WSHIP Basic Plus Plan Wraps Around Part D Coverage. In the Basic Plus plan which is currently closed,
WSHIP provides supplemental coverage to the Medicare PDP plans purchased by the member. WSHIP
historically provided pharmacy coverage in its Medicare plans, even when Medicare did not. At the time
Medicare Part D was implemented in 2006, there was concern that the standard Part D plan design left
significant gaps in coverage for current enrollees who currently had comprehensive pharmacy coverage
through WSHIP. The Basic Plus plan filled the Medicare Part D gaps by paying the Medicare deductible,
copays and coverage gap for drugs covered by Medicare Parts B and D, plus 80% for some drugs not
covered by Medicare. In 2014, WSHIP’s cost for this supplemental drug benefit averaged $395 PMPM,
for a total of $1.3 million.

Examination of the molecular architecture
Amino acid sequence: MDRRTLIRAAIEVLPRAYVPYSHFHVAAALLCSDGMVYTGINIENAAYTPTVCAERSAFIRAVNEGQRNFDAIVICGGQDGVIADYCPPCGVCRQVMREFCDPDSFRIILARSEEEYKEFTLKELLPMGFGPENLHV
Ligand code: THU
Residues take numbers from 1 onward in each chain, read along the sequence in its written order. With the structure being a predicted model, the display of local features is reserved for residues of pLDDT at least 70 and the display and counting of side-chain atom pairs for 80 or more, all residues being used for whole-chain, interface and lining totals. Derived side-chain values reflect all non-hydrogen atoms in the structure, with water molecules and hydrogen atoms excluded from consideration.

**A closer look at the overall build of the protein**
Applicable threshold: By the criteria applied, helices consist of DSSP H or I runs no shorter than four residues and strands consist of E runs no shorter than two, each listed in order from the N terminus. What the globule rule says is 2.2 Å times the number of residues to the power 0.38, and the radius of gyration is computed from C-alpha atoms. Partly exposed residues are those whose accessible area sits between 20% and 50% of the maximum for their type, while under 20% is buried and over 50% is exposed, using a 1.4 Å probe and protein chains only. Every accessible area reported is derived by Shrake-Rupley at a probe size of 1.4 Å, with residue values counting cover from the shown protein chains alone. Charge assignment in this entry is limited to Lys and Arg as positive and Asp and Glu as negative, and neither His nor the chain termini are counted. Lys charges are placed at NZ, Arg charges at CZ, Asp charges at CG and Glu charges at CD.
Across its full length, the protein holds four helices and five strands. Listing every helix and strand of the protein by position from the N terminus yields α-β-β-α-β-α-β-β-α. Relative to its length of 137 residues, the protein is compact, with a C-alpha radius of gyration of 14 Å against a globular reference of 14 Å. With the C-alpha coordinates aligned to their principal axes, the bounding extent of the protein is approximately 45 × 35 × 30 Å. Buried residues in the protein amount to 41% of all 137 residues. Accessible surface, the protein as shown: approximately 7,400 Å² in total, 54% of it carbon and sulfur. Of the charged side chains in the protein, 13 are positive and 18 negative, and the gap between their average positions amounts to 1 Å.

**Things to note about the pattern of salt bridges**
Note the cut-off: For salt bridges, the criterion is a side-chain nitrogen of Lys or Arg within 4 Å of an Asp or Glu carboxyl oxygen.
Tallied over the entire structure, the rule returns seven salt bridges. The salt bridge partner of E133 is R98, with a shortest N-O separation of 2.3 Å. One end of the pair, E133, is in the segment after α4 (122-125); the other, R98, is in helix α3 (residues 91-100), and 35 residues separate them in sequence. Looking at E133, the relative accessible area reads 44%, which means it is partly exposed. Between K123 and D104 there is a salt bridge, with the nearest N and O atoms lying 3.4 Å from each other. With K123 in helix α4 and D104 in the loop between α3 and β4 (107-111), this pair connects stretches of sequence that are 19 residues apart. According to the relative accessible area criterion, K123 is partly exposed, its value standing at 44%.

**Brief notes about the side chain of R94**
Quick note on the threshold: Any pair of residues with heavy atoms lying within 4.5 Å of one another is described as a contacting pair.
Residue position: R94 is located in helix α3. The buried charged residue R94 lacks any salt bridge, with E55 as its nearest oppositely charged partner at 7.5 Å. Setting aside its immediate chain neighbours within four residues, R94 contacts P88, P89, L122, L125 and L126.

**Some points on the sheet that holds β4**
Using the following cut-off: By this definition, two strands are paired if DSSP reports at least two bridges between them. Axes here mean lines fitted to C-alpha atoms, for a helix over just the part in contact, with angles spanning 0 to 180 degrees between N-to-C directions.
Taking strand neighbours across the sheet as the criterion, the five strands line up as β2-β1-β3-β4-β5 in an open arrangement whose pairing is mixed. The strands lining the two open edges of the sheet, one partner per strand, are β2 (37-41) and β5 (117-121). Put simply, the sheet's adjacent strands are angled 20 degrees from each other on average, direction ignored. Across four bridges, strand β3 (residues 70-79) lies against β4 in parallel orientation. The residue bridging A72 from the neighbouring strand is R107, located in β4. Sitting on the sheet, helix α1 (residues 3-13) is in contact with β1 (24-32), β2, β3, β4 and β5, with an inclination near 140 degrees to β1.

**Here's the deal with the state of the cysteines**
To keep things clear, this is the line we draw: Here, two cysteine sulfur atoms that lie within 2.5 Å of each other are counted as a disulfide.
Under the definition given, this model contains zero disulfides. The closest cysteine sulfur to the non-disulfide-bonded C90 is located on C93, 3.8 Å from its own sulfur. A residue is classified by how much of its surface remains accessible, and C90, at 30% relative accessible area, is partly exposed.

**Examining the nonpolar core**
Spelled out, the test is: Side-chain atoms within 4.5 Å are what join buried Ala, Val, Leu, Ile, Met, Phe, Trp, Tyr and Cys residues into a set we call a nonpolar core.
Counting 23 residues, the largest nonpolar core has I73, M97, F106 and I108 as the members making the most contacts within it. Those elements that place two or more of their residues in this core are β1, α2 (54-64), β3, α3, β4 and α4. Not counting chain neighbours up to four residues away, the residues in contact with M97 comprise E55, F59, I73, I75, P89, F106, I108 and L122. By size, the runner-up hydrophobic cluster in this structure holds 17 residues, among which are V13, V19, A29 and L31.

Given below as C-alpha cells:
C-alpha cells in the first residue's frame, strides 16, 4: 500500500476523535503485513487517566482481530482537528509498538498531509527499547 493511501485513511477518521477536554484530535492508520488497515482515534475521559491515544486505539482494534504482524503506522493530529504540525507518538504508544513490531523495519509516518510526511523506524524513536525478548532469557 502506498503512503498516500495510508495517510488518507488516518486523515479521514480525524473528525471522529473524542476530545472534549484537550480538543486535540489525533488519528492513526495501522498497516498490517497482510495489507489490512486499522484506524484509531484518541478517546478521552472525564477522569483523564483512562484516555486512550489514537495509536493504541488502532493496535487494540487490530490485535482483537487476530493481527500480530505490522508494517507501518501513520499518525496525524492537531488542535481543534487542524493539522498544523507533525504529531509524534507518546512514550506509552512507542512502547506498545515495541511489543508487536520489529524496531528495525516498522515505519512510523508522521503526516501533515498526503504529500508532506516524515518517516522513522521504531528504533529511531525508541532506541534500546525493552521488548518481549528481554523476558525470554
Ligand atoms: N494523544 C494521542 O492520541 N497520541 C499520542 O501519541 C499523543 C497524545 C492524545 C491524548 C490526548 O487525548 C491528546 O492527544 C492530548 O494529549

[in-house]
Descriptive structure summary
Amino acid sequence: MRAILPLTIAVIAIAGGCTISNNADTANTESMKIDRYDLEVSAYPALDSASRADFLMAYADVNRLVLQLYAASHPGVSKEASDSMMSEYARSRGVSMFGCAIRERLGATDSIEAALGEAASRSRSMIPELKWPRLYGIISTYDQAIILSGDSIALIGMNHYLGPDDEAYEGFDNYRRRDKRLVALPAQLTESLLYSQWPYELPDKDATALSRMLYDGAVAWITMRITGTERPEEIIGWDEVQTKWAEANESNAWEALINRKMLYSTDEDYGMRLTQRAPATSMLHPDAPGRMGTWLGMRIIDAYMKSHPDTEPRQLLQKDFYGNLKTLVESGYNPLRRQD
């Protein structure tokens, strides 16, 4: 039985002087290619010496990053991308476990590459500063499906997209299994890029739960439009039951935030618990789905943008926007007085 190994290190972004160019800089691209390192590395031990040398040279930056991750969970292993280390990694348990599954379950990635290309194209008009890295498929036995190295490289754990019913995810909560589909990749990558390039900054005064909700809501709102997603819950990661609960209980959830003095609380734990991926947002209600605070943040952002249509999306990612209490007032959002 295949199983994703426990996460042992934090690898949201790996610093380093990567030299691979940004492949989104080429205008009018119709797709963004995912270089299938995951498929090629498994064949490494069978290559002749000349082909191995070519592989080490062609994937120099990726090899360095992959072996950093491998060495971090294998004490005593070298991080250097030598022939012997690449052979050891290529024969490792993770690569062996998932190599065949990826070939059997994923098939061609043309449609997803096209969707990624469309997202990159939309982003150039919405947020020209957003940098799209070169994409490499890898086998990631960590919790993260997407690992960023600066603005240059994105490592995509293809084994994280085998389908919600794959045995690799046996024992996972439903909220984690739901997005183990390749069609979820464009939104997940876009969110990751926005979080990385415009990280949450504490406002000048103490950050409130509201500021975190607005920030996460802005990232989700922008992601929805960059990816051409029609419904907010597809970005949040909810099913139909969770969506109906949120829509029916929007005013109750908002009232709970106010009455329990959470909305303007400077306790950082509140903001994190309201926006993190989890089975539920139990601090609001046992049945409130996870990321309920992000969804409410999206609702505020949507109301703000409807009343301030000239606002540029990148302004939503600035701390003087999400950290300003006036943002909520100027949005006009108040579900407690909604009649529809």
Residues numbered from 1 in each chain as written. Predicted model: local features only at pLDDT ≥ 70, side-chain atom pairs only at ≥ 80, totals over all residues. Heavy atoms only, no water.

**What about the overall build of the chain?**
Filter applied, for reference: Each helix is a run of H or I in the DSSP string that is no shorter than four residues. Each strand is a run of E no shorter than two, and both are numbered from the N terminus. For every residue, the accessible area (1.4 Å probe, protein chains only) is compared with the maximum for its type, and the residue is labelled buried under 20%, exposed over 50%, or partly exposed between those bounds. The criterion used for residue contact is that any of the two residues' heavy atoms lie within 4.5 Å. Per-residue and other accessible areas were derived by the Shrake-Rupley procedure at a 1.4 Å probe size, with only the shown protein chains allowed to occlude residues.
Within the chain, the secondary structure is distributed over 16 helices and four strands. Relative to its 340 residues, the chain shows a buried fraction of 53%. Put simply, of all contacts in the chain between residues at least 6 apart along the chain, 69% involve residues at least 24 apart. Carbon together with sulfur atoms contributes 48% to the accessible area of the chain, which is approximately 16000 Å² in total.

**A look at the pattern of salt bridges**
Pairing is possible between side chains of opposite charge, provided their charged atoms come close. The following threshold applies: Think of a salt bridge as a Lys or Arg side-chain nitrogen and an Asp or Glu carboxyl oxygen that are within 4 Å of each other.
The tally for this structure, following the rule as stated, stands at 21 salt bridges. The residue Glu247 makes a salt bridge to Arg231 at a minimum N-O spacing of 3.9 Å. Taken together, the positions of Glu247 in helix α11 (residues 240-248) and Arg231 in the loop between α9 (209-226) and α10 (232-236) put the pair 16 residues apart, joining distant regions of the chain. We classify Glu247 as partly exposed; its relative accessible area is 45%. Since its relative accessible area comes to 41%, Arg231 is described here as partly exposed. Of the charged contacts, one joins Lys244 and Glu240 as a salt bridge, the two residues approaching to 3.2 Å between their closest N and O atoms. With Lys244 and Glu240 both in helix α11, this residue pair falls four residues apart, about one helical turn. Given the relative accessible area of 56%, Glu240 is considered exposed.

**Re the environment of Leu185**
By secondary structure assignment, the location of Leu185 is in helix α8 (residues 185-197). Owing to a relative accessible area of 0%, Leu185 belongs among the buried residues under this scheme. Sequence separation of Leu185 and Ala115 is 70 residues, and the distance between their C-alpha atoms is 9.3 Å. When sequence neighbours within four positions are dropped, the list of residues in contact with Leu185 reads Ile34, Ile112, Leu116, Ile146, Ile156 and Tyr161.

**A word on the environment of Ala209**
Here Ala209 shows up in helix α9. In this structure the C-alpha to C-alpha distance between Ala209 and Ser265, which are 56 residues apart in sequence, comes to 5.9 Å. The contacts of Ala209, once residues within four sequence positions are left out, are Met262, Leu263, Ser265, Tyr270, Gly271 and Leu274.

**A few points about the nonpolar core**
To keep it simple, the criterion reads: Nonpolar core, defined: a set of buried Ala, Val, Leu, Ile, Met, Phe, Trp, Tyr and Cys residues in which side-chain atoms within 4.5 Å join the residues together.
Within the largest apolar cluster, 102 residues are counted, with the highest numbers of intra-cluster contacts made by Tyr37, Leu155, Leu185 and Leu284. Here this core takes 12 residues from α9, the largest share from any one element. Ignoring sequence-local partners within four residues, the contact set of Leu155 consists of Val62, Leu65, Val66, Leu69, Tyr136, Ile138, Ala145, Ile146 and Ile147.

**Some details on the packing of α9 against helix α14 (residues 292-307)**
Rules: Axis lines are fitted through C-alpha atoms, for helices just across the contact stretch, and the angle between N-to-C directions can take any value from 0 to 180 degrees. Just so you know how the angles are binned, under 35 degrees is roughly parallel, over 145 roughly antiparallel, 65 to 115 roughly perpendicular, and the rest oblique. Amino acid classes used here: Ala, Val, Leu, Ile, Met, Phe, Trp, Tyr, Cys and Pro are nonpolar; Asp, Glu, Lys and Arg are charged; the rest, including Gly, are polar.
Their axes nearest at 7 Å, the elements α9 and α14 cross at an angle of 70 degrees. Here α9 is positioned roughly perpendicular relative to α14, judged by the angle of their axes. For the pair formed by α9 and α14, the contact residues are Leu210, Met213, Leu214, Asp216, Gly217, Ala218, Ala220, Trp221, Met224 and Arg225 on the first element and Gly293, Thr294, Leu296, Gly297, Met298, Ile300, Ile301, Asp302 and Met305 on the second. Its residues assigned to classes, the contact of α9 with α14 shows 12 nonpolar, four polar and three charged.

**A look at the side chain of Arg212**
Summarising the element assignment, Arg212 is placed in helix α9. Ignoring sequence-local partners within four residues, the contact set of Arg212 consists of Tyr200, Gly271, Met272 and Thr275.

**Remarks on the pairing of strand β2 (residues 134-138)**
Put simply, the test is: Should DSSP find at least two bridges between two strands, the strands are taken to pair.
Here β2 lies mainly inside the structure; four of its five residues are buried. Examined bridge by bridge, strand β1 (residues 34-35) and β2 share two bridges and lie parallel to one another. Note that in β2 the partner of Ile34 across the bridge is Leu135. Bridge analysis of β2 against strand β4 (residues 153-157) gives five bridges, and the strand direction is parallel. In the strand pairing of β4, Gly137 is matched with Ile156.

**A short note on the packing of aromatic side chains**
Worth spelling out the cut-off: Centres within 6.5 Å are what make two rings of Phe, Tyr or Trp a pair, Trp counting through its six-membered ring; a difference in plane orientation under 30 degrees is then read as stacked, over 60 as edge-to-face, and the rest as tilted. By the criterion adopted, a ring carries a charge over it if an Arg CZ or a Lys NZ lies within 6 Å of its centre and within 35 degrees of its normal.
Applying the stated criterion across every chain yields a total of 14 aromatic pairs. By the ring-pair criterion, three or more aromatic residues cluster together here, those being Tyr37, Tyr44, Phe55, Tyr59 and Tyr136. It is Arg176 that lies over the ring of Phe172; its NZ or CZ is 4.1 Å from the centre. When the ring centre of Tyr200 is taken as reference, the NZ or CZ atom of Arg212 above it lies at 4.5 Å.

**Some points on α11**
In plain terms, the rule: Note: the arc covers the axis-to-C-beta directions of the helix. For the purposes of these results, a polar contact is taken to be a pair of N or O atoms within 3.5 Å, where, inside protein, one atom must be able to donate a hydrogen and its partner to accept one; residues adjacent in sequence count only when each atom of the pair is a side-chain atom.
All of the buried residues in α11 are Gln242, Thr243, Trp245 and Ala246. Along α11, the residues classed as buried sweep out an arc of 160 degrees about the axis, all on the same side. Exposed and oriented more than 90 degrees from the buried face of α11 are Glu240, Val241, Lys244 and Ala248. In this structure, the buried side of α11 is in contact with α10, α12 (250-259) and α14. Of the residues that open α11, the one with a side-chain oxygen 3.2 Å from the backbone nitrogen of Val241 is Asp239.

Beginning in 2010 with the passage of the ACA, the design of the standard Medicare Part D benefit
began to change, with a ten‐year phase‐in aimed at closing the coverage gap. This is being
accomplished through a combination of Part D enrollee contribution, Medicare contributions, and drug
manufacturer contributions. By 2020, Part D enrollees will be responsible for just 25% of their
prescription drug costs in the coverage gap rather than the 100% in the original Part D benefit design.
Premiums for WSHIP participants are based on a standard risk rate with an additional markup. The
standard risk rate is based on the individual health insurance rates available in the commercial market.